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My Dog Can't Stand Up: What You Should Do

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There are many possible reasons why a dog can’t stand up, ranging from toxicity, injuries, and orthopedic reasons to infections, illnesses, and cardiovascular reasons. Here, we will take a look at five neurological reasons for your dog’s sudden inability to stand.

dog can't stand up

5 Neurological Reasons Your Dog Can’t Stand Up

As veterinary neurologists, one of the most common cases we treat is a dog that can’t stand up. These are the most likely causes.

Slipped Disc

Intervertebral Disc Disease (IVDD) is one of the most common conditions seen in veterinary neurology and the most common spinal cord condition in dogs. Also known as slipped, bulging, herniated, or ruptured disc, IVDD occurs when the shock-absorbing discs between spinal vertebrae deteriorate.

Chondrodystrophic (short legged) breeds, such as Dachshunds, French Bulldogs, and Shih Tzus, are the most highly predisposed, but it can occur in any dog.

IVDD is treated either medically or surgically depending on its severity, and dogs can absolutely recover. However, IVDD can cause permanent damage without timely treatment, so please don’t wait to visit a veterinarian if your dog can’t stand up.

Other signs your dog might have IVDD:

  • Shivering, shaking, or muscle spasms
  • Whining when moved or touched
  • Loss of appetite
  • Incontinence

Fibrocartilaginous Embolism (FCE)

FCE happens when a piece of fibrocartilage (connective tissue) from an intervertebral disc makes its way into the bloodstream and blocks blood flow to the spinal cord.

Mostly seen in giant and large breed dogs, the symptoms come on suddenly during activity. The dog will typically cry out at the time, but the condition does not remain painful.

The good news is that your dog can heal from FCE with physical therapy alone, and the prognosis is excellent. The bad news is that other spinal cord conditions can look like FCE, but require very different approaches. Therefore, an accurate diagnosis is imperative if your dog can’t stand up.

More signs of FCE in dogs:

  • Dog cries out while being active, but is not painful after the initial injury
  • Sudden weakness after activity, usually on one side of the body
  • Signs do not worsen after the first few hours
physical therapy

Atlantoaxial (AA) Luxation

AA Luxation in dogs is a spinal disorder where there is excessive movement between the first two bones in the neck. Since it affects the spinal cord and bones of the neck, symptoms usually affect all four limbs.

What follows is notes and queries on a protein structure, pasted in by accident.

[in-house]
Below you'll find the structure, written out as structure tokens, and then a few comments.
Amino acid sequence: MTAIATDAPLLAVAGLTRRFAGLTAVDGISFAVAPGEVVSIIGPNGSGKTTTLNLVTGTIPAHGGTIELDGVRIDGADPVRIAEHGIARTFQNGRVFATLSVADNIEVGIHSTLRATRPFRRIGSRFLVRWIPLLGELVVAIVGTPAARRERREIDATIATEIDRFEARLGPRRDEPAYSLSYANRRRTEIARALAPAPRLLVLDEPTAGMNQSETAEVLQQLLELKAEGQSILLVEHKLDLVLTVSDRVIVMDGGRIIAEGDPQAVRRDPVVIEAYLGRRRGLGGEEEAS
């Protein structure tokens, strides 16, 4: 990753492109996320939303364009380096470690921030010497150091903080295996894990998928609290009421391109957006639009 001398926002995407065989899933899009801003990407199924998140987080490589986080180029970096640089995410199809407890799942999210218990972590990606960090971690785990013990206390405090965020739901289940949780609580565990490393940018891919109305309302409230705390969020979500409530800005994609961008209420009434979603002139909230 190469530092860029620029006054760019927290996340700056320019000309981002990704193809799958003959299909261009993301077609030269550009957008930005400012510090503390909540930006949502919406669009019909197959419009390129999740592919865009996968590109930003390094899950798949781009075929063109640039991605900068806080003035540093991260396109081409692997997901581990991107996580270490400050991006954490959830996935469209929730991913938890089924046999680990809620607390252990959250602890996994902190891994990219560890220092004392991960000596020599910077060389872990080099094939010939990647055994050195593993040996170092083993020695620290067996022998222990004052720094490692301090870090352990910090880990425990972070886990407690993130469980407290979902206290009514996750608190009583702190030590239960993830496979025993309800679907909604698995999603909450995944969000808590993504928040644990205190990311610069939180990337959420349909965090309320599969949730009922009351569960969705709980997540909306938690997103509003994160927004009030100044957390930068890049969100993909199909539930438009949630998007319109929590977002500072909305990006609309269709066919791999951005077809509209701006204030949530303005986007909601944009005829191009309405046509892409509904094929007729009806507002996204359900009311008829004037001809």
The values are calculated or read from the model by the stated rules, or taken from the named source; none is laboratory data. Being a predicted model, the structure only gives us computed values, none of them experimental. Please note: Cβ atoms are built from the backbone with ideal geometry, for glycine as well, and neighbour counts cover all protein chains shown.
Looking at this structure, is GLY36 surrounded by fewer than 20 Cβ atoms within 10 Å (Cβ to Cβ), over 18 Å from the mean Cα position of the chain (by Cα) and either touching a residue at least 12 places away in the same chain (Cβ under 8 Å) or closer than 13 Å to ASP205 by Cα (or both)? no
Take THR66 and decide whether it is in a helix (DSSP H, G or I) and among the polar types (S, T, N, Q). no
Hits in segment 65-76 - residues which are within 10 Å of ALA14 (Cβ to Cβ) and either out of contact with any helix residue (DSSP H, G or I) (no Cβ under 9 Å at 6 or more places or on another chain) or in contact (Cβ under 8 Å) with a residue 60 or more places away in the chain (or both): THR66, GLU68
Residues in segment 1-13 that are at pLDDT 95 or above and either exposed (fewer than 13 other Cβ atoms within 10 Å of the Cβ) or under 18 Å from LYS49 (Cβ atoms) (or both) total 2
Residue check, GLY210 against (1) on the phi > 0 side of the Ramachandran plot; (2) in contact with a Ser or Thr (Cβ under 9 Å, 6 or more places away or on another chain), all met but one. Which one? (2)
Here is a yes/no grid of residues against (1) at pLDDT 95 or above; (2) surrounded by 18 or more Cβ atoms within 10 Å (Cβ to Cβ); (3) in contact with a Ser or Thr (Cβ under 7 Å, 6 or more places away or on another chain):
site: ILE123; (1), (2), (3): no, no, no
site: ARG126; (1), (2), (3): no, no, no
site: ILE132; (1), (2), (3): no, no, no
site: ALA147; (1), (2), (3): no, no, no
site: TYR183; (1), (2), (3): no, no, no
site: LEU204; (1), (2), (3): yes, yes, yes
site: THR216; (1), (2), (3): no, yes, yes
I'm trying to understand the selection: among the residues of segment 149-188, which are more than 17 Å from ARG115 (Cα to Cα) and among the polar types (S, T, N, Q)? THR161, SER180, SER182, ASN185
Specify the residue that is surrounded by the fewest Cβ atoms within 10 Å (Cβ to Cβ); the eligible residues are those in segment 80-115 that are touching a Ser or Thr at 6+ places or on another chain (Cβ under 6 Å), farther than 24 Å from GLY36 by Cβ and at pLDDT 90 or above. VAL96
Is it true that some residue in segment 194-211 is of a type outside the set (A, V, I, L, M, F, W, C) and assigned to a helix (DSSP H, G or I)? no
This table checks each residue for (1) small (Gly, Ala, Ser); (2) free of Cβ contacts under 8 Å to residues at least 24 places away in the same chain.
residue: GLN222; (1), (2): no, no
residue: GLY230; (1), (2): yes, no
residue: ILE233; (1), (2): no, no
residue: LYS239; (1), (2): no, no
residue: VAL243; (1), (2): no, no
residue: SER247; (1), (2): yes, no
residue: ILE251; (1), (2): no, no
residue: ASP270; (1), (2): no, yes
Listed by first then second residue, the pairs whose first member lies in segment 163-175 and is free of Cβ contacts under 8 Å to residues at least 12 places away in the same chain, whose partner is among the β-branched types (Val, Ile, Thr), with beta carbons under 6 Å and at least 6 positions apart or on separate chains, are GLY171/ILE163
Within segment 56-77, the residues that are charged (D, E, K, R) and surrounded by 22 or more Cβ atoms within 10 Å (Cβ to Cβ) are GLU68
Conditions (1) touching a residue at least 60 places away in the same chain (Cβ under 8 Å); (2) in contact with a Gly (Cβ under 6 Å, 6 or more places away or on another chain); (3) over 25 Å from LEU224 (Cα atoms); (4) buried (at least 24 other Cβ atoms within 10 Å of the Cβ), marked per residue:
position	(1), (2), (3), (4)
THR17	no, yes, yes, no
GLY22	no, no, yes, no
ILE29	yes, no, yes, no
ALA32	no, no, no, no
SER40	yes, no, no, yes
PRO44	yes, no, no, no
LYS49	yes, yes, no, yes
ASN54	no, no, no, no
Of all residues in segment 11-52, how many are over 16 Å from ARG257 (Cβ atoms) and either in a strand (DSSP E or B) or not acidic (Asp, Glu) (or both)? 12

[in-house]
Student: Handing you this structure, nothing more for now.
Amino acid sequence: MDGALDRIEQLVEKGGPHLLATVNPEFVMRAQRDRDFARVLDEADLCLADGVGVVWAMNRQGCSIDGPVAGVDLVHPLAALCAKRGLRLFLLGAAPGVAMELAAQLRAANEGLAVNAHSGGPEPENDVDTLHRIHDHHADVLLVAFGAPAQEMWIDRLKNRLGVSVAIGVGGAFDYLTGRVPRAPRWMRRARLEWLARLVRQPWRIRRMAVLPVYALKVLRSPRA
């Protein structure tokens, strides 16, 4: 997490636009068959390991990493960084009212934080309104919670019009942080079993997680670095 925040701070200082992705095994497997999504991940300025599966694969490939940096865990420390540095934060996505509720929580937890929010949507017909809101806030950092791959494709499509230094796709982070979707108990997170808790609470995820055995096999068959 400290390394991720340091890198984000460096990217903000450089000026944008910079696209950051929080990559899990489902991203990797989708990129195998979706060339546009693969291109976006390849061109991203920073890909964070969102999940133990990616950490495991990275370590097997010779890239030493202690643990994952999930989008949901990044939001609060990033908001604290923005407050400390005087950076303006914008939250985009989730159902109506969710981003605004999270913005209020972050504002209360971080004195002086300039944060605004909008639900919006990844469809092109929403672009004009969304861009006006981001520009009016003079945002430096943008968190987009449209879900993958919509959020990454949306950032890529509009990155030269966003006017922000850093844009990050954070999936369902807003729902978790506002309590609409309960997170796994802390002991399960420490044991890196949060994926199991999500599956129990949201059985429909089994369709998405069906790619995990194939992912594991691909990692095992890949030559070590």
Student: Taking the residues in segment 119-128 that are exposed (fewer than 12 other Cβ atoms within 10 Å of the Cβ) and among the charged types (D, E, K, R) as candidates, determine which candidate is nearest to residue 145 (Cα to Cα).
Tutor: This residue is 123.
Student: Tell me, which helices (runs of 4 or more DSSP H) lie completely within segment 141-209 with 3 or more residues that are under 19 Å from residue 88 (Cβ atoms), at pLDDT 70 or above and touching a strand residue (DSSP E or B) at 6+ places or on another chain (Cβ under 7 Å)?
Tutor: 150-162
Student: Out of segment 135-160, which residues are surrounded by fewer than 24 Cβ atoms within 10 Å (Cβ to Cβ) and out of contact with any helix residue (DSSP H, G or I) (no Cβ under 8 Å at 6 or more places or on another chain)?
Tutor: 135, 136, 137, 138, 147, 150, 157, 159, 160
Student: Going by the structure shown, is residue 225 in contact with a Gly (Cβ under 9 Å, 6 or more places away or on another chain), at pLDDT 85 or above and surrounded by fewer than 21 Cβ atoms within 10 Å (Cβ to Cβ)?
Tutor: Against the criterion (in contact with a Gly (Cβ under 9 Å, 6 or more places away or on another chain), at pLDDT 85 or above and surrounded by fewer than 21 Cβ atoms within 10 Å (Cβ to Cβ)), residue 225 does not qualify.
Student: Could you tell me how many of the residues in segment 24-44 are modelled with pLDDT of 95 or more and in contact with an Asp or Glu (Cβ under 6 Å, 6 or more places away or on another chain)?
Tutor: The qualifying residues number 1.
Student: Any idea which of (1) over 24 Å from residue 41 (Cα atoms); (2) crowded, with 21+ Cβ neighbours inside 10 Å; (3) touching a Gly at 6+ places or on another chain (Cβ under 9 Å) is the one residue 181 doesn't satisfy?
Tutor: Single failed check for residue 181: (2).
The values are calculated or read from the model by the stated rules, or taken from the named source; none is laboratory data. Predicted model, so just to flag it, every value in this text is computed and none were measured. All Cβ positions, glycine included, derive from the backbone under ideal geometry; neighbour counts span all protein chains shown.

It is most often seen as a congenital (present at birth) malformation in toy breeds like Yorkies, Malteses, Chihuahuas, and Toy Poodles under a year old, but it is possible for any dog to be affected by a similar injury acquired secondary to trauma.

In severe cases, AA luxation can be fatal due to paralysis of the diaphragm, so please see a veterinarian as soon as possible if your dog can’t stand up. Surgery at Southeast Veterinary Neurology has a greater than 90% success rate!

Additional symptoms of AA luxation in dogs:

  • Pain
  • Holding the head low or in strange positions
  • Breathing heavy or difficulty breathing

Severe Vestibular Disease

Vestibular disease refers to a problem with a dog’s balance system.

Most commonly, older dogs are affected by the idiopathic form, known as old dog vestibular syndrome, which comes on suddenly and severely, but oddly enough, improves on its own within a few days.

However, a disturbance of balance can happen to any dog, and causes vary from more common issues like ear infections, inner ear tumors, and hypothyroidism to much more serious conditions like brainstem tumors, strokes, and brain inflammation. Therefore, a professional diagnosis is critical if your dog can’t stand up.

Further symptoms of a dog suffering from vestibular disease:

  • Head tilt
  • Nystagmus (abnormal eye movements)
  • Strabismus (abnormal eye position)
  • “Alligator rolling” to one side
head tilt

Tick Paralysis

Certain tick species can release a neurotoxin into your dog’s bloodstream when they bite that may result in sudden, rapidly progressive paralysis.

If left unattended to, the paralysis will continue to spread and could become fatal. However, unlike other tick diseases, once the offending tick is removed, so is the supply of neurotoxin; hence, so is the disease, and most dogs will begin to regain mobility. Still, to be safe, you should visit a veterinarian any time your dog can’t stand up.

Other signs of tick paralysis in dogs:

  • Change in bark
  • Breathing heavy or difficulty breathing

What You Should Do if Your Dog Can’t Stand Up

Unless your old pal has gradually become weak with arthritis over the years, the fact that your dog can’t stand up is a serious symptom that should be professionally diagnosed as soon as possible. In some neurological conditions, timely treatment means the difference between recovery and permanent damage, or even between life and death.

Pro Tip: If you can’t safely pick up, carry, and put down your dog, try using a blanket as a makeshift stretcher to be supported by multiple people.

“Seeing your pet suddenly unable to walk can be really distressing. If there was one thing I’d want people to know, it’s that many of these things can get better – there’s hope,” says Dr. Michael Wong, Veterinary Neurologist at Southeast Veterinary Neurology.

Dr. Wong

Southeast Veterinary Neurology was built on a promise to be there for pets whenever they need us. We are open 24 hours a day, every day to care for your family during your time of need. Please don’t hesitate to call one of our three South Florida locations in Miami, Boynton Beach and Jupiter or our location in Virginia Beach, VA. We’ll be there for you and your pet. We promise.

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